There’s a LOT of those on the website – and more if you include the section on secret codes in math and chemistry experiments about hidden messages changing colors… is there something in particular you are looking for?

17. Lynn Glasheen says:

please make a list of all of the detective/spy projects

18. Aurora says:

There’s a bunch of cool spy-like experiments in e-Science, including:

and a section in Cryptography (coming next week)!

19. Lynn Glasheen says:

what other spy-kit projects are there because I love spy tools and equipment!!!!!!

20. Lillian Jackson says:

I meant treats!

21. Lillian Jackson says:

I love this thing! I think I will try it with one of my cat’s trats and have it whizz by her! She is usually so frisky that she’ll probably chase it!

22. Aurora says:

The one in the video didn’t have a screw, so I had to break it. But yes, a more subtle approach works, too!

23. Sophia Pitcher says:

Hey Aurora,

The tops of most mechanical pencils screw off. . . I use the kind of mechanical pencil that you are using to do schoolwork
and it unscrews, so I am curious, why break it ? π ~ Jasmin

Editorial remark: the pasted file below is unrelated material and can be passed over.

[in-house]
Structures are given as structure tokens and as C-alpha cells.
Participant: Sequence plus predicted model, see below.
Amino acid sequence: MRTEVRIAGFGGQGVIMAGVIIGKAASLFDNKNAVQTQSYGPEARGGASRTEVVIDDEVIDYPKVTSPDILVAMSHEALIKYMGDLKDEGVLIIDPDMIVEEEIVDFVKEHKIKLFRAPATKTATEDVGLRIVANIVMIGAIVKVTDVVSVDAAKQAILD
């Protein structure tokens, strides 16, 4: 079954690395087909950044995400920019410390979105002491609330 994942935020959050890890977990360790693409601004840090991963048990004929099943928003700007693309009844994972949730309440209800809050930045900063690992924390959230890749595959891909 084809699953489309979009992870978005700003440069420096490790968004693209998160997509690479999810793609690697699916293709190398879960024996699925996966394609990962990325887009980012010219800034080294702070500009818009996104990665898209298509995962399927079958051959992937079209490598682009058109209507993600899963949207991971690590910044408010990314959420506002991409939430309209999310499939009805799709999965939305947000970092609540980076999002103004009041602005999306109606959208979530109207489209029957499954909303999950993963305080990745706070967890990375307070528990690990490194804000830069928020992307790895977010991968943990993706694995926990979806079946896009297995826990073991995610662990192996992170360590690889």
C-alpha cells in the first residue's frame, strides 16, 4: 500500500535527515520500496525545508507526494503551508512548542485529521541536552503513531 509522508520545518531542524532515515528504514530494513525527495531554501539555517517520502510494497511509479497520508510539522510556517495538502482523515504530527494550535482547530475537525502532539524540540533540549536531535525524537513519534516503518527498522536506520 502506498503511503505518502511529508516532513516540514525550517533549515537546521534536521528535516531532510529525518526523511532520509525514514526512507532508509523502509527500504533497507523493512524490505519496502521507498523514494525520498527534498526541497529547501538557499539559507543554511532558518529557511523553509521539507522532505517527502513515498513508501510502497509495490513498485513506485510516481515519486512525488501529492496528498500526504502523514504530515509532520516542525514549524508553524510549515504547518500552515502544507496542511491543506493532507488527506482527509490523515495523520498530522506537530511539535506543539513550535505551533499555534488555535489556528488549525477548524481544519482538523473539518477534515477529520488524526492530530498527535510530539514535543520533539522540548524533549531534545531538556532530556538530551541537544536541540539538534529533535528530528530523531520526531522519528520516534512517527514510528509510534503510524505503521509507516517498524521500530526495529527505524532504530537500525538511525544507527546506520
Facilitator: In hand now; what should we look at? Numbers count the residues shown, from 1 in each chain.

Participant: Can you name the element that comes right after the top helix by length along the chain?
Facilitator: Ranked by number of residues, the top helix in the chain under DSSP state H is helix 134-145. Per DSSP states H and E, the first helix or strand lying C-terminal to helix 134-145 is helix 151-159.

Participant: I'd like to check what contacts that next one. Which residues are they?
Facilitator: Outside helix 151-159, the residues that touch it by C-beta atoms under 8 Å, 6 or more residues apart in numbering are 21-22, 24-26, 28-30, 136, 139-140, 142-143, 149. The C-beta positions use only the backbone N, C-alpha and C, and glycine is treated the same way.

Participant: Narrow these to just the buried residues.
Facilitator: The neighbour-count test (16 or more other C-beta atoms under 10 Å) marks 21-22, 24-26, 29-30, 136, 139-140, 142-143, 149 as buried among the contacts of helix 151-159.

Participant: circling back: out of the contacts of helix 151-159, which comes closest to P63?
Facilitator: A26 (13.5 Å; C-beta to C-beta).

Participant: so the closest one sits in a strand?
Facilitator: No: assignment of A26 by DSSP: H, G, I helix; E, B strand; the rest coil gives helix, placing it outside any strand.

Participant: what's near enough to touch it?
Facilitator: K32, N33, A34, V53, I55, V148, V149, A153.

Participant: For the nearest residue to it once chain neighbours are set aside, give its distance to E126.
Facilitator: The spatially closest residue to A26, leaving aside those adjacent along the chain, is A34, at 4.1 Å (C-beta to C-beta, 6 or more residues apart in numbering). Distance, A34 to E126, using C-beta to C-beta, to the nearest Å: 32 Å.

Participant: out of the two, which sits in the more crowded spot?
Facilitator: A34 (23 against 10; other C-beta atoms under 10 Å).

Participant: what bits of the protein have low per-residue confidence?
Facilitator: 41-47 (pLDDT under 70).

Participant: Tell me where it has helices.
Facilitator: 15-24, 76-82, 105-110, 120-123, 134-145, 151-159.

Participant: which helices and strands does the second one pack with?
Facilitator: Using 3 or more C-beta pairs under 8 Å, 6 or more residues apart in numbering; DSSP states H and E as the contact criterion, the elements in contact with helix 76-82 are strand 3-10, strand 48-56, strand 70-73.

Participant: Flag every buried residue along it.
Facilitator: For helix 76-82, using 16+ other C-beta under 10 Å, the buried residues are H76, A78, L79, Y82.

24. Diana Thomsen says:

i think this was one of the coolest expirements

25. Lydia Fancher says:

I was playing with this and the rubber band broke so I put a new one on and later the part you pull fell out and scrached my thumb and I was bleeding and good thing I know first aid π

26. Rachel Johnson says:

My girls enjoyed this one (almost too much). We used paper at first. We tried dry and wet balls of paper. It was so much fun it was hard to stop. Eventually I had to say, “OK, spit out your science and let’s get back to work”.

27. Phyllis Smith says:

My mom and I made this and it’s soooooo much fun! We took little peices of napkin and rolled them into balls for ammo, and let her rip!
-Andrea Smith π

28. sevy keble says:

My bro loves playing with this. He keeps trying new ammo and it always flies all over the place!
sevy keble

29. sevy keble says:

Hard to do, but very rewarding when finished!
sevy keble π